Sinclair Broadcast Group Inc. stock plummeted yesterday after the company said its key earnings measure fell during the third quarter, but executives of the Baltimore TV station group insisted that the $9-a-share free fall exaggerated the bad news.
On Friday night, Sinclair quietly issued a news release saying that advertising sales at its stations that are not NBC network affiliates would force its cash flow to fall about 4 to 5 percent.
Yesterday, nothing was quiet in the markets, as Sinclair's shares fell to $34.75 from $43.75 in very heavy trading.
"It's obvious when you look at the volatility, that it's because there is essentially no 'float,' " Sinclair Chairman David Smith said. "The inability of someone to sell 1,000 shares without a $2 swing is a big contributor to all this."
"Float" is a term to describe the amount of stock available to the public. Because the Smith family still controls the company, even though it went public last year, the small "float" means that a given level of demand to sell Sinclair shares hurts the price more than it would if the company had more shares in the hands of public investors.
Sinclair said its earnings are down because the Olympics on NBC whipped everything else on the air and drove advertisers away from non-NBC stations; two company stations lost affiliations with the Fox and NBC networks; and the company is not yet turning around the performance of stations it bought earlier this year.
Smith told an analysts' conference that the company has not yet finished its programming changes, and is putting off some changes in how it deals with programming syndicators until it buys more stations, which will give Sinclair more leverage in those talks.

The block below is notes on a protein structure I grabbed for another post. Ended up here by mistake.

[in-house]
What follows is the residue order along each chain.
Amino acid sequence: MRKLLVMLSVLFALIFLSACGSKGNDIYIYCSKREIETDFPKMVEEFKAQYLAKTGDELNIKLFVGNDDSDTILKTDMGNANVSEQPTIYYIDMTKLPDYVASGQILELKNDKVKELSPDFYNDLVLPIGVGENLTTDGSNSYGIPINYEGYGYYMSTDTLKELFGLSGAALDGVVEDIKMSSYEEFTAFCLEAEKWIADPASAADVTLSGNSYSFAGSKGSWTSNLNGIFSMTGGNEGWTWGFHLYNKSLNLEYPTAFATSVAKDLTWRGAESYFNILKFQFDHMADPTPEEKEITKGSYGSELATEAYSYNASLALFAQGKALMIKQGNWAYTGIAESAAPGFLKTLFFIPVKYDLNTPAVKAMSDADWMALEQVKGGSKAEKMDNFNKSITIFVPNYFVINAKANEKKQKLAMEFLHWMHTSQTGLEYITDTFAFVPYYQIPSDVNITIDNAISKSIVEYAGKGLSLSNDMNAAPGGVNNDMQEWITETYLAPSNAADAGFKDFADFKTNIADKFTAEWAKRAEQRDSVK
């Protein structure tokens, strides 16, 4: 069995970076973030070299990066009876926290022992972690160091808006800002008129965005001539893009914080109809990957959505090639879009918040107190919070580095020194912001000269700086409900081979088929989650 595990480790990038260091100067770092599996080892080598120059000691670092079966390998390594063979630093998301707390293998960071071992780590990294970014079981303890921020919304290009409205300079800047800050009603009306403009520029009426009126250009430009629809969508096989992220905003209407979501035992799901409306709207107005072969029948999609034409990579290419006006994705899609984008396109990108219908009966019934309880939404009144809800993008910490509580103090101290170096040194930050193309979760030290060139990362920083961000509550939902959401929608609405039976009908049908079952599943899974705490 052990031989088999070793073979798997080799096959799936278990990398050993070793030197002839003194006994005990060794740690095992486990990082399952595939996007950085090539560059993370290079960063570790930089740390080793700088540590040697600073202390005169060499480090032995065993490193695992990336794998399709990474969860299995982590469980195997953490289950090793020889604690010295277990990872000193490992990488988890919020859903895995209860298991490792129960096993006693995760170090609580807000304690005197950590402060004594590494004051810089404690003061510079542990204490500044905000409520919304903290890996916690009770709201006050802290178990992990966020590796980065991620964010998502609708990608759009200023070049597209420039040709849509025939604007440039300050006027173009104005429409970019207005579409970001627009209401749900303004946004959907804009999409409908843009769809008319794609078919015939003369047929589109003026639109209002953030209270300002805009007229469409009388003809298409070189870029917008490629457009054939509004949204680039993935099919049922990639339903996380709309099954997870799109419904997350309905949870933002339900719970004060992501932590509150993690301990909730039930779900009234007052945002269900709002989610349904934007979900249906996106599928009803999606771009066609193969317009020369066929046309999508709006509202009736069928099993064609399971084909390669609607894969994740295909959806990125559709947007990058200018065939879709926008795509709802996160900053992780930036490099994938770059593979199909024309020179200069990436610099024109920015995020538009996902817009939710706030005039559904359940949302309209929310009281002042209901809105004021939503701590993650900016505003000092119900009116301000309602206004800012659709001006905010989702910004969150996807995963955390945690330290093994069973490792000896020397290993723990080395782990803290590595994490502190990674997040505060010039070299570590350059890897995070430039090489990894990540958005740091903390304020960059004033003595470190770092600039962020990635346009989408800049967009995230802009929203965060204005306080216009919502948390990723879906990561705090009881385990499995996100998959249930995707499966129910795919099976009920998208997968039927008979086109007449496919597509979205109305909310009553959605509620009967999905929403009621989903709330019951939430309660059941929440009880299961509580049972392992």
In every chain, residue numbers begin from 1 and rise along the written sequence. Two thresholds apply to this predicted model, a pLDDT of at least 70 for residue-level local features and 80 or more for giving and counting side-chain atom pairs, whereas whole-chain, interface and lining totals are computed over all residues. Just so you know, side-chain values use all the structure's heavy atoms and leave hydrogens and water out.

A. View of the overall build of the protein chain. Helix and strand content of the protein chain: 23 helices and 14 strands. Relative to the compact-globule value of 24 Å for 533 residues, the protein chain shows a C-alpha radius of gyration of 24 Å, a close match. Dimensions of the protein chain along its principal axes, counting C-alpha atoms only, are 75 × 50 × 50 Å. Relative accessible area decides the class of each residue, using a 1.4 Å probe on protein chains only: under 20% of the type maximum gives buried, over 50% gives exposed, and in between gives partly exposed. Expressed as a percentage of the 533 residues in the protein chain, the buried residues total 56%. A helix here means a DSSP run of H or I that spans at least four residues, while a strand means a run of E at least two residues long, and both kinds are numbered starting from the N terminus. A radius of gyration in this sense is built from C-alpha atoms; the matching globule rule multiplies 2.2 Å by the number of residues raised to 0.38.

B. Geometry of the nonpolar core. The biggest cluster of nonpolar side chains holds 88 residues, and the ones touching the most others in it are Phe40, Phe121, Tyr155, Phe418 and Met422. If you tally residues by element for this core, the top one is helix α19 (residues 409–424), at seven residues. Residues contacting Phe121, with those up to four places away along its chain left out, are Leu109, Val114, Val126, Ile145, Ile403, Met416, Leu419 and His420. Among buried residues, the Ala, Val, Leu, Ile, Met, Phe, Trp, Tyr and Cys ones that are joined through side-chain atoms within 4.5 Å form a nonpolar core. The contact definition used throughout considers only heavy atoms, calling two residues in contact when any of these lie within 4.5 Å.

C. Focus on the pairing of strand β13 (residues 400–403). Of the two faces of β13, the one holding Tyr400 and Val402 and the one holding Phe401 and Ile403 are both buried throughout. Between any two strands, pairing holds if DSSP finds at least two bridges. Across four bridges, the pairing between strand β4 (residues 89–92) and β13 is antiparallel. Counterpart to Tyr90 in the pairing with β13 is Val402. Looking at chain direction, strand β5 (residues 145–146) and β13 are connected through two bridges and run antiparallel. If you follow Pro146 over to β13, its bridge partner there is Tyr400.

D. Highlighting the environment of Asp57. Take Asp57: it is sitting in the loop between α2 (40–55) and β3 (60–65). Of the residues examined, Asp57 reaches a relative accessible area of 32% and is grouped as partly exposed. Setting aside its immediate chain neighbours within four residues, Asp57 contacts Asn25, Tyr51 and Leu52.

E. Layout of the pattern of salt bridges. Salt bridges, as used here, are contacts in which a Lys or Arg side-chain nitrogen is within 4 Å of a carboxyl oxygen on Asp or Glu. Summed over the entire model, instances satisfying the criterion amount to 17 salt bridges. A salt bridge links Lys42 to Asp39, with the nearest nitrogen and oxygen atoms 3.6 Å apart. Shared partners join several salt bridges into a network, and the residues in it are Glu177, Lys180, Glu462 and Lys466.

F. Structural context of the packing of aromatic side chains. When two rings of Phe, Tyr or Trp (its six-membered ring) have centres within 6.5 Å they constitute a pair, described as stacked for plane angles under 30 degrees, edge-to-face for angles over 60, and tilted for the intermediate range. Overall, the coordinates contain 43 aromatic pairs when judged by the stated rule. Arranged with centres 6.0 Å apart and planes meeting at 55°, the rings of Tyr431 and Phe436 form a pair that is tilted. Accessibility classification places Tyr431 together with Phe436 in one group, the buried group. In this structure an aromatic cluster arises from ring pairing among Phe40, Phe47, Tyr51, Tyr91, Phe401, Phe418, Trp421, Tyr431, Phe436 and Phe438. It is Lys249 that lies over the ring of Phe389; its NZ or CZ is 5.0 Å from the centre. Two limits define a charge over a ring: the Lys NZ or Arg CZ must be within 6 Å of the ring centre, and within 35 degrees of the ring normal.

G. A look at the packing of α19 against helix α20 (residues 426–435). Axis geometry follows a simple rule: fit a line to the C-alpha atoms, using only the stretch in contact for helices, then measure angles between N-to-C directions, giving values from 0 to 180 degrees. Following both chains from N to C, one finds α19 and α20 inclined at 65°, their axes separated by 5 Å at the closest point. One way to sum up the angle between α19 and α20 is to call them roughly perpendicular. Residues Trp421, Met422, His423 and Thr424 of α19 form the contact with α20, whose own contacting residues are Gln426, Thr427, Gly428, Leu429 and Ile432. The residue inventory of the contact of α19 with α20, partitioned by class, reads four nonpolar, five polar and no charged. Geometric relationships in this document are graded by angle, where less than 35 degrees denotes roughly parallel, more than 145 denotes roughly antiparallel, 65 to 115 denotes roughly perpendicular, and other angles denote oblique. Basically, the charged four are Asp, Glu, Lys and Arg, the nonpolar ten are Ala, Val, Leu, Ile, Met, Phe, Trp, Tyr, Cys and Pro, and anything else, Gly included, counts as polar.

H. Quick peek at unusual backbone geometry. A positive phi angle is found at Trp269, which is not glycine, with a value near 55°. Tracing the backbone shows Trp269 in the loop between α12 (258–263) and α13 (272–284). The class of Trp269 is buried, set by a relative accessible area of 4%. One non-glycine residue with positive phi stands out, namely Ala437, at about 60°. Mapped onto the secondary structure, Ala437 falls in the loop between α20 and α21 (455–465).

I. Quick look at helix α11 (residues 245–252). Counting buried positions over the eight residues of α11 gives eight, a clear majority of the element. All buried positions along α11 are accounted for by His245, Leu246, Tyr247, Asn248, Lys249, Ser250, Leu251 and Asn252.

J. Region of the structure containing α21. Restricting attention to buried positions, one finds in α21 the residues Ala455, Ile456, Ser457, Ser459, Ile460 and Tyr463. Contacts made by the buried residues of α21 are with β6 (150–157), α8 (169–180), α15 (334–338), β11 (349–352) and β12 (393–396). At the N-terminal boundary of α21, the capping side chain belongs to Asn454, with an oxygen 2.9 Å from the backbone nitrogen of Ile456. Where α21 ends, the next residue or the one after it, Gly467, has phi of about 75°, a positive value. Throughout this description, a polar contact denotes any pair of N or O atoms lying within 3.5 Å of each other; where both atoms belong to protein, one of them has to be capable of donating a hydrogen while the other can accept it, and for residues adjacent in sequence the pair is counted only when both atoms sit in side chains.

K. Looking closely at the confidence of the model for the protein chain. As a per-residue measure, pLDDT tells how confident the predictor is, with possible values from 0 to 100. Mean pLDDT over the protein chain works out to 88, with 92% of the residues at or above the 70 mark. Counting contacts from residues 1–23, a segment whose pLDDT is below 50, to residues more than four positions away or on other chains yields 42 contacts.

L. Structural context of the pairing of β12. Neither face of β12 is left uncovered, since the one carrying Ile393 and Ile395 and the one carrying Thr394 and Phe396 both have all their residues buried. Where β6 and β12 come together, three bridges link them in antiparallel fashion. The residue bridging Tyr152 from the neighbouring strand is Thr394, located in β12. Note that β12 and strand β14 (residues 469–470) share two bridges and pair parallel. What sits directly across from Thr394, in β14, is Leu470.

He added that the company is considering whether to shelve a secondary offering until the stock price rebounds.
Sinclair now owns or controls 28 television stations and 33 radio stations in the United States. It did not release the details of its quarterly results; it simply issued a statement containing relatively few details that said its results would fall slightly short of expectations.
One reason for the stock's sharp downward move appeared to be that Alex. Brown Inc., one of the underwriters of the 5 million-share secondary offering Sinclair had hoped to bring to market this month, cut its investment rating on Sinclair shares. Alex. Brown analyst Andrew Marcus confirmed he had cut his rating to "buy" from "strong buy" and had cut his earnings estimates, but declined to give details.
"I think a lot of people got carried away with the benefits from the merger" in the short term, said Smith Barney analyst John S. Reidy, referring to the purchase earlier this year of River City Broadcasting LP. Smith Barney is the lead underwriter of the proposed secondary offering. "People [analysts] were out on a limb with excessive earnings estimates."
Sinclair's position that its problems were a fluke, driven by NBC's Olympian dominance of summer ratings, was bolstered late yesterday when New York-based Granite Broadcasting Corp. said cash flow at its stations also fell 3 percent during the third quarter.
Pub Date: 10/22/96